The first Illinois (BB 7) was laid down Feb. 10, 1897, by the Newport News Shipbuilding & Dry Dock Co., Newport News, Va.; launched Oct. 4, 1898; and commissioned Sept. 16, 1901.
In December 1907, Illinois joined the Great White Fleet for the cruise around the world. The ships visited Australia, Japan, Ceylon and other countries, returning to Hampton Roads in February 1909. President Roosevelt reviewed the fleet as it arrived, after providing the world a graphic demonstration of America's naval might. Illinois was decommissioned in Boston in August 1909.
The battleship was recommissioned in November 1912 and made training cruises to Europe with midshipmen in 1913 and 1914. The ship was loaned to the State of New York in October 1921 for use by the Naval Militia.
Excluded from further use as a warship by the terms of the Washington Treaty, Illinois was fitted out as a floating armory at New York Navy Yard in 1924, remaining there for more than 30 years. In January 1941, the ship was renamed Prairie State to allow its name to be assigned to a projected new battleship. During World War II, it served as a U.S. Naval Reserve Midshipmen Training School in New York.
In 1956, after more than 50 years of service, the ship was transported to Baltimore and sold for dismantling.
Illinois is the 13th submarine of the Virginia Class. With the other ships of the class, it represents a revolution in submarine design, construction and mission capability. This versatile and powerful vessel will maximize the contribution the U.S. submarine force makes to national security.
Illinois and the Virginia Class are among the most effective platforms in the U.S. Navy portfolio. These submarines are equipped to wage multi-dimensional warfare around the globe.
The central characteristic of the class is the modular construction derived from the design / build approach, which supports efficient construction and mission capability. This provides the U.S. Navy with a submarine class that advances the state-of-the-art with each succeeding ship. Illinois’ adaptability makes it highly responsive to changing mission requirements.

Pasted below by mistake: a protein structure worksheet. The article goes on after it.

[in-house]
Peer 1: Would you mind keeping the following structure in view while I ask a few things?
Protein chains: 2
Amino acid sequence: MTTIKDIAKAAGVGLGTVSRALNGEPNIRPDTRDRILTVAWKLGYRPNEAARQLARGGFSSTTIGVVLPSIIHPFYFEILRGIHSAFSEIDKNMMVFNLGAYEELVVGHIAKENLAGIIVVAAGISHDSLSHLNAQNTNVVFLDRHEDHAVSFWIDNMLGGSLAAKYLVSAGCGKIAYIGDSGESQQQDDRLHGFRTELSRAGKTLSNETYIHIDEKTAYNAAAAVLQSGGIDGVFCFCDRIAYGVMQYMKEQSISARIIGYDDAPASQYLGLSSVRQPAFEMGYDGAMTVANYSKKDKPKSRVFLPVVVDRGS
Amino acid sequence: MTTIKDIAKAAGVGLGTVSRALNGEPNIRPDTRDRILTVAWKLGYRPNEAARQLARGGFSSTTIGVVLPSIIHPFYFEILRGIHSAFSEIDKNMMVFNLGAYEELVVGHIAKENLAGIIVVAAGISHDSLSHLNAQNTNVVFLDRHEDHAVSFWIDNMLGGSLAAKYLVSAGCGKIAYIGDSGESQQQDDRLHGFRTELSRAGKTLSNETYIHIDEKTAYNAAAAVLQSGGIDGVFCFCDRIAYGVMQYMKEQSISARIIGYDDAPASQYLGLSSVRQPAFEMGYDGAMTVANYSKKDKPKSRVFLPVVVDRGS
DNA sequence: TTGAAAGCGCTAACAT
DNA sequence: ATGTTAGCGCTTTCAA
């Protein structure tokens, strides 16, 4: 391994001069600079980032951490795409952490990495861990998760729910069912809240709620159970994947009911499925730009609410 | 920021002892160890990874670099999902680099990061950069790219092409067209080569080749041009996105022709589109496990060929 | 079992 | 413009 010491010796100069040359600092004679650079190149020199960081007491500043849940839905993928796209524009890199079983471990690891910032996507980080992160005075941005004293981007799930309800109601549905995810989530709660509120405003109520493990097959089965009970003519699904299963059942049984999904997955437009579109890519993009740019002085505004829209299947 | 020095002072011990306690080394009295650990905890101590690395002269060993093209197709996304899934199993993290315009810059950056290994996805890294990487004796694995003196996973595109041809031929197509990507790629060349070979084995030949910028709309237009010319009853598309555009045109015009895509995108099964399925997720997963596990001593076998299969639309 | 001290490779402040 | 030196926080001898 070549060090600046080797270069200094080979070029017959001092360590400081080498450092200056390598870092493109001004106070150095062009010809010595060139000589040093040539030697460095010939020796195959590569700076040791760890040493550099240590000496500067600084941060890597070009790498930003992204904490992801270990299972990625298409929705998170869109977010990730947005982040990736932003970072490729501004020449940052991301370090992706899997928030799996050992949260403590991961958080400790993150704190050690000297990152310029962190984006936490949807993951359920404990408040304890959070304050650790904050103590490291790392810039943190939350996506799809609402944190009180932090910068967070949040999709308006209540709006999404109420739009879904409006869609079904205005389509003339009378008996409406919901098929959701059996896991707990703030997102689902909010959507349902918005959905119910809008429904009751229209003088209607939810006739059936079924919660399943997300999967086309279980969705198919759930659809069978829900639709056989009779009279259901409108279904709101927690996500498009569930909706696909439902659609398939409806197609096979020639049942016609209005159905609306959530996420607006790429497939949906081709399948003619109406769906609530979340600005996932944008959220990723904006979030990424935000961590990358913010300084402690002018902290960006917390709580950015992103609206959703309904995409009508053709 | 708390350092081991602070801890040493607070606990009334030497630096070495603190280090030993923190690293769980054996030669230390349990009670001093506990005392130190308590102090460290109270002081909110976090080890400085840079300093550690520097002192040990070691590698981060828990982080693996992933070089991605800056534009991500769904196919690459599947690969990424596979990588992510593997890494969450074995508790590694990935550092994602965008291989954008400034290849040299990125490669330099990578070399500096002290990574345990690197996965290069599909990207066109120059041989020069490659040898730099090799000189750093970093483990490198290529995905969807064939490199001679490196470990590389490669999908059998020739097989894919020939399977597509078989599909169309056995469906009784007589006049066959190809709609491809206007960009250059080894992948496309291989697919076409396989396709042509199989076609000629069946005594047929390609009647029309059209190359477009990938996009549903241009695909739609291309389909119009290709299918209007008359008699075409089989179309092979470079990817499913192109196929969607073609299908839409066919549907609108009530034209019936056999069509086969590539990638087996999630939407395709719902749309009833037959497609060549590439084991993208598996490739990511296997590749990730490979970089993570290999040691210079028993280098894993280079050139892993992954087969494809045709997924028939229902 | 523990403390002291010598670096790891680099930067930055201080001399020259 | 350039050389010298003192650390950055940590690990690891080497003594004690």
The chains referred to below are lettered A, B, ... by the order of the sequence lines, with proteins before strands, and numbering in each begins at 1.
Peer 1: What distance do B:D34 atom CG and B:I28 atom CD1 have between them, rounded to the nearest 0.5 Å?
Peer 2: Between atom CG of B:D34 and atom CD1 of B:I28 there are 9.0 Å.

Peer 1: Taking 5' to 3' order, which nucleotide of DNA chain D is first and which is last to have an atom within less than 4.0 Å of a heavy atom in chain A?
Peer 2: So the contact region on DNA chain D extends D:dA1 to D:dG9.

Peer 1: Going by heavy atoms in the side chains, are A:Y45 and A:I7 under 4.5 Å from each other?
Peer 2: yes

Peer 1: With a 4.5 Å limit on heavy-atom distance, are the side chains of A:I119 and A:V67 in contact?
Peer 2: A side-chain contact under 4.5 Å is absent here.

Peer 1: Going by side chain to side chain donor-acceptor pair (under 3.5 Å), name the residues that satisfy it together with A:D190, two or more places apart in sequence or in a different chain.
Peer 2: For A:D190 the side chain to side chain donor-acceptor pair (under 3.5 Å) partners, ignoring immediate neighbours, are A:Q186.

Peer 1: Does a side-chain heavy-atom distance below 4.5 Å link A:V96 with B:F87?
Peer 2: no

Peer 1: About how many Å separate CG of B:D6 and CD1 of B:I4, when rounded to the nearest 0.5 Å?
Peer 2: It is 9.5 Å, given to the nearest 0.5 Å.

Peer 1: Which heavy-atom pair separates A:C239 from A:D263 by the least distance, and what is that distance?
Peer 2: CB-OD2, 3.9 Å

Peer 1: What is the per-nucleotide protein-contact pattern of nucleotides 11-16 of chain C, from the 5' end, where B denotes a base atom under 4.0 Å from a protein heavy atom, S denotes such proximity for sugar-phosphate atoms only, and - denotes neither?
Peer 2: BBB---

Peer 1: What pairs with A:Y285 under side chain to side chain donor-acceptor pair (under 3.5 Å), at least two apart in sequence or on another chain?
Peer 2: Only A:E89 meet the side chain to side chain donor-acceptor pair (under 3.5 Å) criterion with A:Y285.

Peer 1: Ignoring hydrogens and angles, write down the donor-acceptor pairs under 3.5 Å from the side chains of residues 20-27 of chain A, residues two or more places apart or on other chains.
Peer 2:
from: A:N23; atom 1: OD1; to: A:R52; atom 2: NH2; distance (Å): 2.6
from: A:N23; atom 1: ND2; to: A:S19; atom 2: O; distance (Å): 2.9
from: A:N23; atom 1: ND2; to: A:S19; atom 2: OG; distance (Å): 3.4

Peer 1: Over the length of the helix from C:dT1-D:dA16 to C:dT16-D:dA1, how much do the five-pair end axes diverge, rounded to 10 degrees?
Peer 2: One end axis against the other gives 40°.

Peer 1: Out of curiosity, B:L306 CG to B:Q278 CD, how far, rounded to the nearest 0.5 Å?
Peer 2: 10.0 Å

Illinois will provide the submarine force with the capabilities required to dominate the open ocean and the littorals. In addition to anti-submarine, anti-surface ship and counter-mine warfare, Illinois will support surveillance, special operations and covert strike missions.
General Dynamics Electric Boat, its construction partner Newport News Shipbuilding, and the U.S. Navy continue to collaborate on reducing the cost of future ships while introducing new capabilities to ensure the ongoing relevance of Illinois and the Virginia Class. Electric Boat’s goal remains unchanged – to provide the U.S. Navy with the most sophisticated undersea warships in the world.
The ship’s crest was designed by Christopher Durdle of Roseville, Ill., in December 2014.
At center, a blue shield with an orange-gold outline and detail is divided into four quadrants. The five-pointed star in the lower right quadrant commemorates the first USS Illinois (BB 7). The Roman numeral XXI represents the 21st state of the Union. In the lower left quadrant is an outline of the state of Illinois. In the upper left quadrant is a trident with crossed, single-bit axes. The trident is representative of the sea power projected by the submarine, and the crossed axes are in memoriam of President Abraham Lincoln, the “Railsplitter President.” In each corner of the crest are pinnate shapes representing the corn, beans and livestock that Illinois produces for the nation.
Above the crest appears the silhouette of the starboard aspect of a Virginia-class submarine, and standing atop is a 13-point white-tailed deer. The white-tailed deer is the official state animal of Illinois and the 13 points represent the 13th Virginia-class submarine. The deer also represents the strength of the state and the Navy.
Flowing to either side from the top of the shield is verdant foliage representing Illinois forest and prairie life.
Framing the foliage and shield at the top are two submarine dolphins, the port side being silver and starboard side being gold; the silver dolphin for the enlisted crew and the gold dolphin for the ship’s officers.
Below the shield is a red cardinal facing to starboard with outstretched wings. The cardinal is the Illinois state bird and represents the bravery of the American military. Its outstretched wings show that the Navy is prepared to take on any challenge.
Beneath the cardinal is a downturned banner with the Latin words “Nemo Magis Fortiter,” meaning “none more brave,” which is a line from the fourth stanza of the Illinois state song.
Surrounding the crest is a blue oval with “USS Illinois” atop and “SSN 786” below. Around the outside of the oval is a red rope commemorating the symbol of the Recruit Division Commander at Naval Training Center Great Lakes, Illinois - the Navy’s only remaining and oldest Recruit Training Command.
The entire crest is in the style of a family crest showing that like a family, the USS Illinois, the State of Illinois and the Navy are united and ready to serve for the good of the nation. Throughout the crest are seen the colors of Blue and Orange - the colors of the University of Illinois and the cardinal from Illinois State University representing the many fine institutions of higher education throughout the state.
Pressure hull complete
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